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Christmas Bells - Blandfordia nobilis

Tuesday, December 28, 2010

A Bryde's Whale dead on the beach at Shoalhaven Heads

There is no way to say this gently - this Whale, a Bryde's Whale died some hours after being found, beached, at Shoalhaven Heads, near Nowra. 

It was found after noon on Sunday 26 December, and died early on Monday morning, after attempts to rescue it failed. The Whale was measured at 12.2 metres long, and estimated to weigh about 20 tonnes (I would think that is an overestimation). This species of Whale is slightly longer, but less heavy than, the more familiar Hump-Backed Whale,

Another Bryde's Whale was found washed up on a beach at Iluka (Northern Rivers area of NSW) last Friday. That story includes a good image of that Whale.

Today Kirsten and I decided to go and see for ourselves the remains of this creature.
Brydes's Whale at Shoalhaven Heads
The Whale was found lying belly down, on Sunday. But at some stage it has rolled or been rolled by the waves, so it is now lying on its back, with the belly exposed and the ribbed skin of the throat clearly visible.
Ribbed throat of the Bryde's Whale.
Eye socket of the Bryde's Whale
The animal is lying on its side, virtually upside down. The heavily ribbed throat markings are just starting - in front of the eye. The pink flesh is recent damage to the surface of the skin.
Lower abdomen and flanks of the whale

The skin on the lower flanks has many marks of parasites on it. The fresh scratch marks are injuries incurred by the Whale before it died.
There are many strange patterned marks along the flanks. (Click to enlarge).
Small fin of the Bryde's Whale.
We walked from the car park at Shoalhaven Heads, right to the southern end of the beach - a  distance of some 5 Kms, according to Google's Satellite View. We enjoyed watching two Sea Eagles circling above us, on the way back.

There was a steady stream of people walking to and from the tip of the beach. Two young Beach Patrol officers declined our requests for a lift in their 4WD Beach Buggy.

My legs ache from the unfamiliar amount of exercise.

Post-script: Here how to NOT dispose of a whale carcase. An example from the USA.


Le Loup said...

What a waste of such a creature, very sad. I wish we knew more about why this happens so that perhaps we could stop this beaching.

Denis Wilson said...

I agree Le Loup.
This animal was alive when it "beached". To me, it does indeed seem a waste. It has "Bush Tucker" opportunity written all over it. But the National Parks and Wildlife Service is putting out warning notices around it, physically, and on the radio, saying "do not touch", (and people are NOT interfering with the carcase (as can be confirmed from my photos taken at 6:00PM yesterday). But the NPWS spokespersons pretend they cannot get heavy machinery to the site.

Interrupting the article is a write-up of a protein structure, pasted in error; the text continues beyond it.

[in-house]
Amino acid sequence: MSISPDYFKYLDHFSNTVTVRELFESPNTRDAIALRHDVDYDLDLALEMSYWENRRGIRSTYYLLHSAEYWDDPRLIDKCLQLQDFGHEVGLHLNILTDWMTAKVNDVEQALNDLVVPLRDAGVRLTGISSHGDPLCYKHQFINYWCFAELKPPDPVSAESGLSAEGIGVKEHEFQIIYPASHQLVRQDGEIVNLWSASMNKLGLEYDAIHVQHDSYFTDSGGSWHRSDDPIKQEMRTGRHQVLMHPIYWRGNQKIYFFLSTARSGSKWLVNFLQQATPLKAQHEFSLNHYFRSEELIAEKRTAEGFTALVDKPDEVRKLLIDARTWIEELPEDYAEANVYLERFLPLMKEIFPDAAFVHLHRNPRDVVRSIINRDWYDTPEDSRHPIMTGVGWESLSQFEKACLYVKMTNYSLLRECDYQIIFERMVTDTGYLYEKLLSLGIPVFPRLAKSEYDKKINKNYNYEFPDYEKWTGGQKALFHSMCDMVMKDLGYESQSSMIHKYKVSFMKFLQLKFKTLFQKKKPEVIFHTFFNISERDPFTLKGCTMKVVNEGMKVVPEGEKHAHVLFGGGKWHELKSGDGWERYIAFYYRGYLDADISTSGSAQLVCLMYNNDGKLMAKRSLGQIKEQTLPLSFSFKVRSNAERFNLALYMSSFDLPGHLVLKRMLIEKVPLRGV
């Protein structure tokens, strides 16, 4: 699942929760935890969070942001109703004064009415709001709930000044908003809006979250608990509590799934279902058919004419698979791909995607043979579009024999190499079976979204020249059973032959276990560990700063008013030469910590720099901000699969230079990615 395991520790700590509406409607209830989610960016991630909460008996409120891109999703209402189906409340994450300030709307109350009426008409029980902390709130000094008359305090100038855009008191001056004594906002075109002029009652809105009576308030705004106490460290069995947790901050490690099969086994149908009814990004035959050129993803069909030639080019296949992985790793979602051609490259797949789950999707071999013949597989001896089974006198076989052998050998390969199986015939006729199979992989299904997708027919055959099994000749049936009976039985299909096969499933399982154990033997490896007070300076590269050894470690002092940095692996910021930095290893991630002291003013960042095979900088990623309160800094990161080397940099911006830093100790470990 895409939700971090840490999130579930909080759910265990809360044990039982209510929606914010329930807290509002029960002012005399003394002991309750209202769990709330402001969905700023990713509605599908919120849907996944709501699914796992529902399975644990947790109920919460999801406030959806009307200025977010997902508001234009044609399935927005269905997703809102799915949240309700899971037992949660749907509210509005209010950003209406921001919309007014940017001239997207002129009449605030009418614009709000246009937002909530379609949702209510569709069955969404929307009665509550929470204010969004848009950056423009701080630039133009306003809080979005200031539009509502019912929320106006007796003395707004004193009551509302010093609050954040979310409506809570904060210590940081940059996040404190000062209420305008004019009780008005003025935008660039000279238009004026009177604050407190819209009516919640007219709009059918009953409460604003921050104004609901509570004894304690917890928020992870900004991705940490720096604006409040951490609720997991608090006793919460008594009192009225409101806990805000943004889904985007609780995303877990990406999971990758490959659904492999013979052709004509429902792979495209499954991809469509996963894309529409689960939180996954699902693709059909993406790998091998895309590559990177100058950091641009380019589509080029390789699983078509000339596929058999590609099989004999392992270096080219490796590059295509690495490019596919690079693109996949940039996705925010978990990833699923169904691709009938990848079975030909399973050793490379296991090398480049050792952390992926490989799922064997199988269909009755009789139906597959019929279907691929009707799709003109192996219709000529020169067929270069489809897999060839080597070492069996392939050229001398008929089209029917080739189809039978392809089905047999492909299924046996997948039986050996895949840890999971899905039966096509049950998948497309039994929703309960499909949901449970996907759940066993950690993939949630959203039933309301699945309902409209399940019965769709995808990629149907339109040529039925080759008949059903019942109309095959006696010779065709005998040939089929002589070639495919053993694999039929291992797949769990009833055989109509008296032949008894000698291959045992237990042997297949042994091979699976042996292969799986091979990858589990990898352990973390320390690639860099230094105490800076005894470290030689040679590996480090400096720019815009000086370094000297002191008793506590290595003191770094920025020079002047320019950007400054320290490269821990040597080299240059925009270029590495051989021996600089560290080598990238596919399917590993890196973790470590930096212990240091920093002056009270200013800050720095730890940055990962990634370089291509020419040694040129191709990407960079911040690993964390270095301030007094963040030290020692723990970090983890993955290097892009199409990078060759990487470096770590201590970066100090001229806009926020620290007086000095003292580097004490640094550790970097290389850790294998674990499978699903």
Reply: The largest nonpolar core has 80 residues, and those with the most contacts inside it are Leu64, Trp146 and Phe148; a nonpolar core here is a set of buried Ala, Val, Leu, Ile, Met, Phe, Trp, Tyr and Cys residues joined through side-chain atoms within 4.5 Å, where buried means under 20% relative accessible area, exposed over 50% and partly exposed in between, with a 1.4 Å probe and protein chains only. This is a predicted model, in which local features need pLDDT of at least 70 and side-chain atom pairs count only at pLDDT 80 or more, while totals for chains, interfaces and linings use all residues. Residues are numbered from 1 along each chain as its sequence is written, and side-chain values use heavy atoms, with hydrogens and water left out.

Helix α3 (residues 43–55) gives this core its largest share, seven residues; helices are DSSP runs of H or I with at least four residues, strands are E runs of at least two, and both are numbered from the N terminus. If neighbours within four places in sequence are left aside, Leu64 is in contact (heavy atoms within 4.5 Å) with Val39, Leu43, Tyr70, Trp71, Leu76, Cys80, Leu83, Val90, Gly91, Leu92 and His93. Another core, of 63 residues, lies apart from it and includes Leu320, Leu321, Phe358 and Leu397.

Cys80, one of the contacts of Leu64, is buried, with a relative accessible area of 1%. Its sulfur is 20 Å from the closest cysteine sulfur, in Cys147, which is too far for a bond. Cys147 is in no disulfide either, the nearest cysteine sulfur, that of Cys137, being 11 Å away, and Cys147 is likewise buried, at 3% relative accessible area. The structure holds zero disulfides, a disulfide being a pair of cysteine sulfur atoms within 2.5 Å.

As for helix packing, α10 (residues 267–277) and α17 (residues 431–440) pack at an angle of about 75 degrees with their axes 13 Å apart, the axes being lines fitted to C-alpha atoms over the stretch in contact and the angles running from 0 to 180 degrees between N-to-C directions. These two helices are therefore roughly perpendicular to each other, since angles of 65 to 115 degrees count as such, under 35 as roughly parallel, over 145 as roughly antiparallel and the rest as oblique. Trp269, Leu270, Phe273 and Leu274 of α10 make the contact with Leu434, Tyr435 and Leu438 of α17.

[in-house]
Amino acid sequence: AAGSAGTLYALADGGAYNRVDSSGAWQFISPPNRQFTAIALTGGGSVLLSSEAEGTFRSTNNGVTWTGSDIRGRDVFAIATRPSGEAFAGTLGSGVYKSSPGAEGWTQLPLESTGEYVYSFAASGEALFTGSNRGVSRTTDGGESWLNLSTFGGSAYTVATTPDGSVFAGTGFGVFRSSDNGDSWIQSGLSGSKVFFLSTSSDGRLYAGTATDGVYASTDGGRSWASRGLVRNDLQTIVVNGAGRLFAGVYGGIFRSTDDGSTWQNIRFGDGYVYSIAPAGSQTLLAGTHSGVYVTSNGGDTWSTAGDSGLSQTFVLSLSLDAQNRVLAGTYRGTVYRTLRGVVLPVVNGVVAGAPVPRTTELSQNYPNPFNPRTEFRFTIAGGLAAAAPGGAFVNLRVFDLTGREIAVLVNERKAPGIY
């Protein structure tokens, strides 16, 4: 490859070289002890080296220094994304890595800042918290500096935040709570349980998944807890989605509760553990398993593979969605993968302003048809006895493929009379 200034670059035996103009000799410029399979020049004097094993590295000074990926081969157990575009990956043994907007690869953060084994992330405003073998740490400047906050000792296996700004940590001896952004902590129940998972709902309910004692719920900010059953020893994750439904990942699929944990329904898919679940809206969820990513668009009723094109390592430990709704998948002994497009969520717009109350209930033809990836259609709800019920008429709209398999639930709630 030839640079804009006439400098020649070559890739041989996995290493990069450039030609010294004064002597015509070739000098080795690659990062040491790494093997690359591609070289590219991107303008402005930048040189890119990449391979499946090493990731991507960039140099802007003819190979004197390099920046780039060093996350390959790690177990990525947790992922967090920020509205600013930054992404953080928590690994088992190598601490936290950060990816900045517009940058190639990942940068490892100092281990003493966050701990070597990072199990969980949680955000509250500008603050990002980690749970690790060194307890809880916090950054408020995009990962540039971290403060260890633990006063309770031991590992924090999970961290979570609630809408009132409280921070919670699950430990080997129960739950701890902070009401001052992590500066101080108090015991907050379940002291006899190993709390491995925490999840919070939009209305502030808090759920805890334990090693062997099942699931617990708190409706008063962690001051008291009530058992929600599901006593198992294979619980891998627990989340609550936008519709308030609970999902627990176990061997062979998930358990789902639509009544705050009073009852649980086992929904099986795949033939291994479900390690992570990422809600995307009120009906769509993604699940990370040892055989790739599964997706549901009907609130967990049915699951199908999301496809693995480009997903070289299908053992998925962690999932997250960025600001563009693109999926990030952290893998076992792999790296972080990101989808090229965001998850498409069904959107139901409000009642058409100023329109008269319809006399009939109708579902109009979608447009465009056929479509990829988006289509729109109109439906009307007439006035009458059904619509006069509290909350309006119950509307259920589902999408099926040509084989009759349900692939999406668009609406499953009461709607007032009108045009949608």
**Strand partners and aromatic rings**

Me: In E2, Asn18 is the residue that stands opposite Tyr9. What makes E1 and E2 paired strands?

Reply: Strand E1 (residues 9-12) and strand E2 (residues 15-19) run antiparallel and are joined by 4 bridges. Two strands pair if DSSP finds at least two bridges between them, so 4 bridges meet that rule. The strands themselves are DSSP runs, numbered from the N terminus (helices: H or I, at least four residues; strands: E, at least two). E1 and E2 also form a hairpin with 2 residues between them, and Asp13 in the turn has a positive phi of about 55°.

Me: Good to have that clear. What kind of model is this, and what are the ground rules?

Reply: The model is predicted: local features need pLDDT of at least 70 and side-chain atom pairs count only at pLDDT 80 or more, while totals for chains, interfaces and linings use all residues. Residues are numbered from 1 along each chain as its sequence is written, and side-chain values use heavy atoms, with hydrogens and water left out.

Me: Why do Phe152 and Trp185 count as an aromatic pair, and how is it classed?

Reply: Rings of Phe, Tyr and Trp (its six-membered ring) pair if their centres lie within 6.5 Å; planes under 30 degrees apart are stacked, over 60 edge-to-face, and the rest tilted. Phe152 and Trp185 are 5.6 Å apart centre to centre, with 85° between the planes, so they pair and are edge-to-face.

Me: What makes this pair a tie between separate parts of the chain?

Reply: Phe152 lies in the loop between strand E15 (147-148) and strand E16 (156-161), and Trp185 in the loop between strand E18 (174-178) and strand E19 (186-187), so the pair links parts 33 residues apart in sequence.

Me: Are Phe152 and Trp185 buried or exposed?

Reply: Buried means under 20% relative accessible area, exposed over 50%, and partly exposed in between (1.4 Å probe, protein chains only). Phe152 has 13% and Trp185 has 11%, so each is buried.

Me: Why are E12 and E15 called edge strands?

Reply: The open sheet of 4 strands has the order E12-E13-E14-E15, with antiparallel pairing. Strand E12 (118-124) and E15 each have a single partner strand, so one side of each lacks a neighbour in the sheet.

Rubbish. They could take a Caterpillar Tractor along the beach at low tide without doing much damage. Real truth - they do not know what to do, and the bosses are on holidays, so nobody dares make a decision.
Time and Tide will win - and take the decision out of their hands. It will be very smelly in a few days - then they will be forced to do what they could and should have done in the first place - intervene.
No wonder the NPWS is held in low regard by many people.
Re Whale Beaching generally, I cannot pretend to have any answers. This and the one at Iluka were both single beachings, not mass strandings of pods of whales.
They did at least try to care for it, but apparently whales die from pressure of their own weight once beached.
It is a terrible waste however one looks at it.

Flabmeister said...

A sad event all round. My understanding is that the jury is still out on what causes beachings so I'm not sure what could be done once is has got stranded.

However to simply leave it on the beach to rot seems very poor. My simple solution - now it is dead - would be to get a large boat and tow it out to sea to fed the sharks.

I was also surprised given the Japanese interest in undertaking scientific research into whales that there were not a heap of cetaceologists from various of that country's universities checking the corpse over. Perhaps it is is the sushilologists that are doing the research, and the meat would be too well hung by the time they got there?

Denis Wilson said...

I agree entirely, Martin.
But action ought have started ASAP, not waiting till the NPWS bosses return from holidays to make a decision. By then it will be too late.
While the skeleton and tail flukes are strong would have been the best chance to drag it out at high tide, with a tug boat, or heavy fishing boat.
Less said about the Japanese interest in whales the better. But glad you raised the issue. :-))

Mr. Smiley said...

Thanks Denis for a most interesting article and the response it engendered makes these blogs so important. Seeing a beached whale is an image that lasts for a lifetime.

All the best

Denis Wilson said...

Thanks Dave.
The walk made me wonder how long the "lifetime" might be, but I have felt stronger for doing the trek - in every sense.
It was a first for me, and definitely worth seeing such a great creature up close. Fascinating.
Glad you appreciate the post.
The feedback process is great.